OTTAWA – Helping your children with a downpayment on their first home may be tempting, but financial advisers say to be sure to fully grasp how it will affect your own retirement planning before cutting a cheque.
Kristine Skinner, financial adviser with BlueShore Financial in West Vancouver, B.C., says before deciding to help, parents need to understand how it will affect their own net worth and overall financial plan.
“I would love to see both the parent and the child in my office so that they both understand the implications and expectations for every scenario,” Skinner says.
“With the parent and the child being in here, we can go over different considerations of the complexity of what they are planning on doing and any of the risks associated with the purchase.”
A survey by the Bank of Montreal earlier this year found that 65 per cent of millennials said that they would rely, to some extent, on parents or other family members for financial assistance for as much as 10 per cent of the purchase price of their first home.
Skinner says there are several options parents could consider if they want to help their children buy their first home.
“Every parent and child or siblings are different, so it really is case-specific to your whole situation — there is no one answer for everybody” she says.
You can give the money to your children as a gift, a plan of action that could require a letter confirming the cash is indeed a gift that they are able to show their potential lenders. Or you could lend them the money, which would also need to be disclosed, including the repayment requirements.
How you come up with the cash for a gift can vary. If you don’t have the cash on hand, you could cash out part of your portfolio or borrow the money.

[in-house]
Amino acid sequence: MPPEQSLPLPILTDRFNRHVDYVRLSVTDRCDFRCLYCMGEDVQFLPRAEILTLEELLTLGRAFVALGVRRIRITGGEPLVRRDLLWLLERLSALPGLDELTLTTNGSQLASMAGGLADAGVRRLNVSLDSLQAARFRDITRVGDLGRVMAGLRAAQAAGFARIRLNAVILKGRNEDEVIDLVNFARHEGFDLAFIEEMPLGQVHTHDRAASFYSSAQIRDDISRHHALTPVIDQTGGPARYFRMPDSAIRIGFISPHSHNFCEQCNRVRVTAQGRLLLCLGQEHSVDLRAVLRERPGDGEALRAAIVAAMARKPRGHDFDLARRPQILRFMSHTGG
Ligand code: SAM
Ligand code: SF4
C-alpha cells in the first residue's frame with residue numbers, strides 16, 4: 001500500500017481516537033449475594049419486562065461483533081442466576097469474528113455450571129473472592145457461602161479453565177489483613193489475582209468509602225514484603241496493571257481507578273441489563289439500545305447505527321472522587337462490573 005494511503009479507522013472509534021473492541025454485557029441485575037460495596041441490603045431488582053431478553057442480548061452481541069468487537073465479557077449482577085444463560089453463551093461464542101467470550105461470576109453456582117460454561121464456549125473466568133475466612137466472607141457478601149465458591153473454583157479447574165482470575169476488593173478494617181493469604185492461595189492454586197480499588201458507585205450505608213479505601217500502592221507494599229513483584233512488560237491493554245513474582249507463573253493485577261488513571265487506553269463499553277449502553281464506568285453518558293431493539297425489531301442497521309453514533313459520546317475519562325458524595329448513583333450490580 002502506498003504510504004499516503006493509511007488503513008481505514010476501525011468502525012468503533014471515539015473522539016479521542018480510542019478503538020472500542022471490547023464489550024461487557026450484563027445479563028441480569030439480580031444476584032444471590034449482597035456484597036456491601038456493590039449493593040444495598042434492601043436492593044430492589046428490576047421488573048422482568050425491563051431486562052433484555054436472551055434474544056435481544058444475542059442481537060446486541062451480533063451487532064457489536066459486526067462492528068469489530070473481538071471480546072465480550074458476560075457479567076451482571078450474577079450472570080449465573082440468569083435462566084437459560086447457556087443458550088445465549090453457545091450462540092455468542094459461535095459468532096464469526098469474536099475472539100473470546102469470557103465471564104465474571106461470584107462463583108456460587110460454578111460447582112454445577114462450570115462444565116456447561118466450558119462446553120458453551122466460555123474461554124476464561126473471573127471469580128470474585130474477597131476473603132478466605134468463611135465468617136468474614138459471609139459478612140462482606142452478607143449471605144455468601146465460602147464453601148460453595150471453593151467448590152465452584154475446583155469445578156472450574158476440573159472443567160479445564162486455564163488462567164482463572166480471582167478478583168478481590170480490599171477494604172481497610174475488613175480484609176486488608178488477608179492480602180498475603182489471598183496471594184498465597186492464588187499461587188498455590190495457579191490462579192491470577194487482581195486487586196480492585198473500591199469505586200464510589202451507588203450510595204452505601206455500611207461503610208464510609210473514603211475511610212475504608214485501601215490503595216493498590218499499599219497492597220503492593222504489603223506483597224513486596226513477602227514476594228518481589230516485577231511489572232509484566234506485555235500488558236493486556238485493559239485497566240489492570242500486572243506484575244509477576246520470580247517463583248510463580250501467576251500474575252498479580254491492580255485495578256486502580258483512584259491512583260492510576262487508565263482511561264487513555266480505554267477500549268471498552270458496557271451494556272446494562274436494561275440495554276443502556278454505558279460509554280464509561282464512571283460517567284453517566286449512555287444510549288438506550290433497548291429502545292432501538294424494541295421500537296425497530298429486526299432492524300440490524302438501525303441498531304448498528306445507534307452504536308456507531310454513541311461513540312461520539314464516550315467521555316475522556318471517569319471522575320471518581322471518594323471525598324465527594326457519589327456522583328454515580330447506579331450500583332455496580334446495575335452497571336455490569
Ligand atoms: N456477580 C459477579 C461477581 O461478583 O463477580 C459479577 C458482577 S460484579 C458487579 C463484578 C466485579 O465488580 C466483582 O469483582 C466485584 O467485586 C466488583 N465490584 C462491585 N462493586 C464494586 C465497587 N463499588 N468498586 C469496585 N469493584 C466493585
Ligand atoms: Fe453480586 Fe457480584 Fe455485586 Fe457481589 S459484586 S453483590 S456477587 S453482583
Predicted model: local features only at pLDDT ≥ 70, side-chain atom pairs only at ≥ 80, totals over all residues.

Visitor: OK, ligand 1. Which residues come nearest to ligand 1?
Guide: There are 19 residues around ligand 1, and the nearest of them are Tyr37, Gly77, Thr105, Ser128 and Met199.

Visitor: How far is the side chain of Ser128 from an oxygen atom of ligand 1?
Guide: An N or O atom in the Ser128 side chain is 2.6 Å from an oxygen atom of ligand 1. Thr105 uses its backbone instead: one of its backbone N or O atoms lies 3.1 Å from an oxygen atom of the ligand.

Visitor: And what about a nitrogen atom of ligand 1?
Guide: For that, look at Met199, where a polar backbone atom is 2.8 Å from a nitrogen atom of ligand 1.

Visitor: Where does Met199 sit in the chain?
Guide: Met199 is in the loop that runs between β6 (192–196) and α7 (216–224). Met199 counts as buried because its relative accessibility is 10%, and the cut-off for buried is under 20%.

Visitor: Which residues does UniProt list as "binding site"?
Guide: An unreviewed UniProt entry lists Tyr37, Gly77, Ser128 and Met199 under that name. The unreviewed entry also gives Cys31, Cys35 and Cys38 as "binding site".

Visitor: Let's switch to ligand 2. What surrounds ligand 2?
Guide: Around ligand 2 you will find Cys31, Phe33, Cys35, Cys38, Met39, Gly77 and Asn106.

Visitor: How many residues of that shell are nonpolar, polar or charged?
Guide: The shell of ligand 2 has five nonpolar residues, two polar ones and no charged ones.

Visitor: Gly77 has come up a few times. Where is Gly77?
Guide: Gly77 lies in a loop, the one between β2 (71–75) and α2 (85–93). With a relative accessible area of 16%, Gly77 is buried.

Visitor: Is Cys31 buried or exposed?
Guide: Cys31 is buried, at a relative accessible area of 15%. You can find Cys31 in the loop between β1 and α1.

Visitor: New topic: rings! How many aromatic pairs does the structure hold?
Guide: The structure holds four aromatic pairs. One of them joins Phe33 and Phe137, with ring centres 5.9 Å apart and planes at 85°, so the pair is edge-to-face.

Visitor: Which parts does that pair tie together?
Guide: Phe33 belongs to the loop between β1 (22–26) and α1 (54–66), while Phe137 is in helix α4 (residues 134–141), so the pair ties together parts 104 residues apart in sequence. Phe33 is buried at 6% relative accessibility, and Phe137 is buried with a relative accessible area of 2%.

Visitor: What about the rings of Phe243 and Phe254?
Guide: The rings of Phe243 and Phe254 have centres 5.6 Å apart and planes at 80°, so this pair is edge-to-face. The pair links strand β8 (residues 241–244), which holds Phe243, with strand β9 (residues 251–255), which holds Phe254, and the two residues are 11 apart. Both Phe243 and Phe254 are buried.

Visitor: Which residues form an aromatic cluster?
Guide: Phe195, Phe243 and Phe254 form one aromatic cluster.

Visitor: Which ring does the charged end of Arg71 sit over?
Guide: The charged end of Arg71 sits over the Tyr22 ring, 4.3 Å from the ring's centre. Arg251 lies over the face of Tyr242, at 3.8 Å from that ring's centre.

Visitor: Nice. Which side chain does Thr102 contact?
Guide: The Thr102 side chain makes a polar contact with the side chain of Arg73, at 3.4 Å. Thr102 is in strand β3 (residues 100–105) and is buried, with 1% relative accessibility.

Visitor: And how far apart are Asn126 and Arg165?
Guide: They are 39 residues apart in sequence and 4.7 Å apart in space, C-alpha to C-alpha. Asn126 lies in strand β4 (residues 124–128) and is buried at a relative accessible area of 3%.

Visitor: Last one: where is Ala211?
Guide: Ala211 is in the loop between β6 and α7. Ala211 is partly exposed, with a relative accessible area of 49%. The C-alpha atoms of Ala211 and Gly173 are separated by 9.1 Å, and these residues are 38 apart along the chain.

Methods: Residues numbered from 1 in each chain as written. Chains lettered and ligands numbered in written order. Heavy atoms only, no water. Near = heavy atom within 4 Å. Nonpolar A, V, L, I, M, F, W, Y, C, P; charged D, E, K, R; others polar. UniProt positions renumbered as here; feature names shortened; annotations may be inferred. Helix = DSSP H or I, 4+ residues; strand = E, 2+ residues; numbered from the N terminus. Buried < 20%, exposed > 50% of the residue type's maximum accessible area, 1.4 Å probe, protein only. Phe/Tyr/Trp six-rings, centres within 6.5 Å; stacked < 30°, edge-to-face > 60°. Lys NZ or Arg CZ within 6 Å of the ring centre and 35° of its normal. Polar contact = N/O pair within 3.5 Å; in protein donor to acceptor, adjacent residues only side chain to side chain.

If generous parents opt to sell stocks or mutual funds to help their kids come up with the money, they could face a hefty tax bill depending on the amount. If they borrow they money, they won’t have that problem, but will be charged interest and need to be sure that they have a plan to pay it back.
Skinner said parents could also sign as a guarantor on their child’s mortgage.
But if choosing that path, she added, “it is very important for the parent to really trust their child.”
Helping a child acquire more than the 20 per cent threshold for a downpayment could help save them thousands, because they will not need the government-mandated mortgage default insurance.
Jason Hunt, manager of personal finance at Alterna Savings and Credit Union in Ottawa, said the amount a homebuyer could save by not needing that insurance could add up to tens of thousands of dollars, depending on the size of the mortgage.
“If you have a borrower who is close to that 20 per cent threshold, it may make sense to top them up,” Hunt said.
But you also don’t want your children to buy more house than they can afford. Mortgage payments are only part of the cost of homeownership. Property taxes, utilities, insurance, strata fees, maintenance costs and emergency repairs all add up.
“You, as the gifter, have to be able to afford it as well as they, being the borrowers, have to be able to afford it on an ongoing basis,” Hunt said.
“You want to have an in-depth conversation with your children about what their monthly budget looks like and their ability to absorb any unforeseen expenses and ensure that they’ve actually built that into their budget before agreeing to help them.”
Skinner also notes that if you want to help your children buy their first home and you have more than one child, you should have a plan in place to ensure everyone is treated fairly.
“Some people may have it documented in their will that their son was given so much money and therefore they get that less out of the inheritance,” she said.